There is also the culture of being a brave cancer warrior. It's come up more than once as toxic to many actual cancer suffers. Maybe it's good for some, but for others, it surely leads to both false hope and a sense of duty to try fighting.

And maybe the author was kind of shitty at keeping house. Maybe she felt as many women do that they are the only thing keeping the house together. Right or wrong.

There are so many possibilities, it's just beyond the pale to ask why. The article didn't make it clear that he wasn't the one trying to keep her going... Just that he said that in the beginning and that things got really really bad at the end, not that he wasn't just as irrational about keeping her alive to the last.
posted by [insert clever name here] at 1:38 PM on May 12, 2015 [1 favorite]


I'm off work taking care of my husband today, because he had to have surgery to get a tooth extracted. There is gauze involved. I can't stop thinking about this story.

My sister in law passed away a year and a half ago. She had ALS. My brother took care of her for nearly two years while her body disintegrated, mostly on his own. He was over a thousand miles away, so family couldn't help. We wanted to. God knows we wanted to. And mom would fly out sometimes, and when she came back she had to take a few days to get over what she was seeing.

Toward the end, I think there was a fog of war that had hazed up my brother's mind. My sister in law had hit that point the author's wife did, where the drugs had changed her personality and she wasn't the funny, compassionate person she'd started as. She became petty and demanding, and she took most of it out on him. But my brother wanted to believe they'd somehow beat the odds, even though the odds in regards to ALS are always, always, always stacked against you.

She passed away in hospice. She'd gotten to the feeding tube point, and I don't know what happened, but she stopped breathing. He wasn't in the room when it happened. It was one of the few times he left her alone, one of the few moments of relief he dared to take. He still carries that around, I think.

They had a daughter, born early in the diagnosis, and she's now the focus of my brother's life. She looks so much like her mother, it's heartbreaking.

I'm pretty sure he wishes he'd had a Dane around. I wish he'd had a Dane around.

Thanks, to the Danes of the world. That was a hell of a thing you did.
posted by offalark at 3:13 PM on May 12, 2015 [12 favorites]


This piece really touched me and after reading the discussion here I guess I want to elaborate on why. I think it's extraordinary that Dane was so willing to just stand with this family and support their choices. I think it is awesome that Matthew was willing to share the details and moments he did.

But it also reaches me because my husband and I made the decision to take our first child off of life support 3 days after her birth. It was very hard for some people in our circle to be supportive of that choice. Others were amazingly so because it was in line with their views. Only a few have been able to sit with the ambiguity that my husband and I live with.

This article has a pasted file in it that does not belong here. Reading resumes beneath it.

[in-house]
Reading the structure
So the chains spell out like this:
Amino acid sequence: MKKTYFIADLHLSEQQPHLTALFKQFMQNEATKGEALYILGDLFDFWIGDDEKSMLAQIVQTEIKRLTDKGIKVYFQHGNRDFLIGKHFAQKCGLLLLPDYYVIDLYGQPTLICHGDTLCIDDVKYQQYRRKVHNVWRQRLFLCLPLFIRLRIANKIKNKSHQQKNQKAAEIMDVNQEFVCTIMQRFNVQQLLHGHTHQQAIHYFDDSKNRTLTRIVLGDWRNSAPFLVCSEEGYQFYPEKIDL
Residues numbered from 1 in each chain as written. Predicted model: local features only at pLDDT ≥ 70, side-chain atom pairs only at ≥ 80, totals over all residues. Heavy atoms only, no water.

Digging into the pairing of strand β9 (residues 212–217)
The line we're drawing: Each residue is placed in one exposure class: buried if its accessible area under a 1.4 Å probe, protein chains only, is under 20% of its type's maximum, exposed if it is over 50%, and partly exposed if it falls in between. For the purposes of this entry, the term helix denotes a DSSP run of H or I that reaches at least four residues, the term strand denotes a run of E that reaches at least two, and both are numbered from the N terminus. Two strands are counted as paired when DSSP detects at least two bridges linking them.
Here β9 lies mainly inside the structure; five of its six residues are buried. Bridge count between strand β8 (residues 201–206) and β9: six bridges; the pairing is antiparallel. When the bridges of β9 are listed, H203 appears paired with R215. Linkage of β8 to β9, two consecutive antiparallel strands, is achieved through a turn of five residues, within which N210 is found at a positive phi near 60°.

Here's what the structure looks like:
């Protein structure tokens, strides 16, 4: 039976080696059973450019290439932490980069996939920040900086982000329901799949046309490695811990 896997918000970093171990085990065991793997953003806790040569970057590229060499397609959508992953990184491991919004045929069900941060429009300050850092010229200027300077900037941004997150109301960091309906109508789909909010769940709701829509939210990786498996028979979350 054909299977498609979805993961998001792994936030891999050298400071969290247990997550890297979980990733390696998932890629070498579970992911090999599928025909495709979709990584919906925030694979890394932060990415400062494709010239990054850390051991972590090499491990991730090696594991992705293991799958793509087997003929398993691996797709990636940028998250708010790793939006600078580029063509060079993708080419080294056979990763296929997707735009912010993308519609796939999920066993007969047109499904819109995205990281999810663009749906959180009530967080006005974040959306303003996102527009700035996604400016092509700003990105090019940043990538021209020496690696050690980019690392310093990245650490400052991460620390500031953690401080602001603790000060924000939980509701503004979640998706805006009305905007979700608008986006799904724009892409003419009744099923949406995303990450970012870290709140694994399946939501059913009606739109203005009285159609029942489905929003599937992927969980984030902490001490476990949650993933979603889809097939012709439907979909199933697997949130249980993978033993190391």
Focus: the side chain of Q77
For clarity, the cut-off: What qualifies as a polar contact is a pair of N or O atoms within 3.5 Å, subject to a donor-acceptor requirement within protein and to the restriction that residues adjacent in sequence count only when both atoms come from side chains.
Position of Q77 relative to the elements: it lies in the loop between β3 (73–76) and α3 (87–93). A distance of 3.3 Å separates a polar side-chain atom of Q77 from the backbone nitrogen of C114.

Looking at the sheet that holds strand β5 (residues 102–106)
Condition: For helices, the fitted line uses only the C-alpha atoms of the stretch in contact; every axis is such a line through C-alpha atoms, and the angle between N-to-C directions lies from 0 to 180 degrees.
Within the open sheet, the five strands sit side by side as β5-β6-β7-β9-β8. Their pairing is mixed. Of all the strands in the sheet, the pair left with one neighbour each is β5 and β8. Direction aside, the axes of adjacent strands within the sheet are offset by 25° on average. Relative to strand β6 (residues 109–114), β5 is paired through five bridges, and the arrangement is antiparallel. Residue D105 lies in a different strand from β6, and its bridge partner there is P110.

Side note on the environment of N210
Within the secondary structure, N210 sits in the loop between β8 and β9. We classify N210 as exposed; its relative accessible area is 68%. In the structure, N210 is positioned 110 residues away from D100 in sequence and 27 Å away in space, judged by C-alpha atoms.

We made the best choice we could at that time but...there is no clarity. Whenever there's new stem cell research, even over a decade later, I know I wonder if one day we will be confronted with the idea that if we had just kept her alive she would have had...recovery. A good week. Knowing our love. One peal of laughter. And you know? That's okay, that uncertainty. We made a huge decision. It has that weight. It should.

It is so hard sometimes to just let an experience or a story standing in its uncertainty and messiness. As a reader, as an editor, as a friend. But this one does, and Esquire let it do so. It's not pro- or anti- anything but, I think, love, and even that is complicated.
posted by warriorqueen at 3:23 PM on May 12, 2015 [33 favorites]


If you look through my commenting history you will see that I have had a family member go through terminal illness. I've cleaned the shit, I've been covered in vomit, I've felt my heart stop looking at a scan which shows the relentless movement of a cancer. I've watched a strong body and mind decay as cancer engulfed it like mold.

It's not simple. It's never simple. Once I'd have also said that I could never bear to put my loved ones through this. But looking back, seeing the swift slope down which my family descended into hell, it's really not that simple. At what point do you decide that the person in front of you would truly not choose to live like this had pain and indignity not become a part of their daily life? Your entire definition of 'a good day' changes - a day without pain or with a smile in the midst of the daily diaper explosion becomes a good day and the basis for your next 'decision'.

In these circumstances, there are no choices, you do what you have to do. Nursing someone through terminal illness changes your world forever. You become an alien to humanity, and this is demonstrated by this thread in which its clear who has and who hasn't experienced these so-called choices and decisions first hand or experienced the altered reality of terminal illness.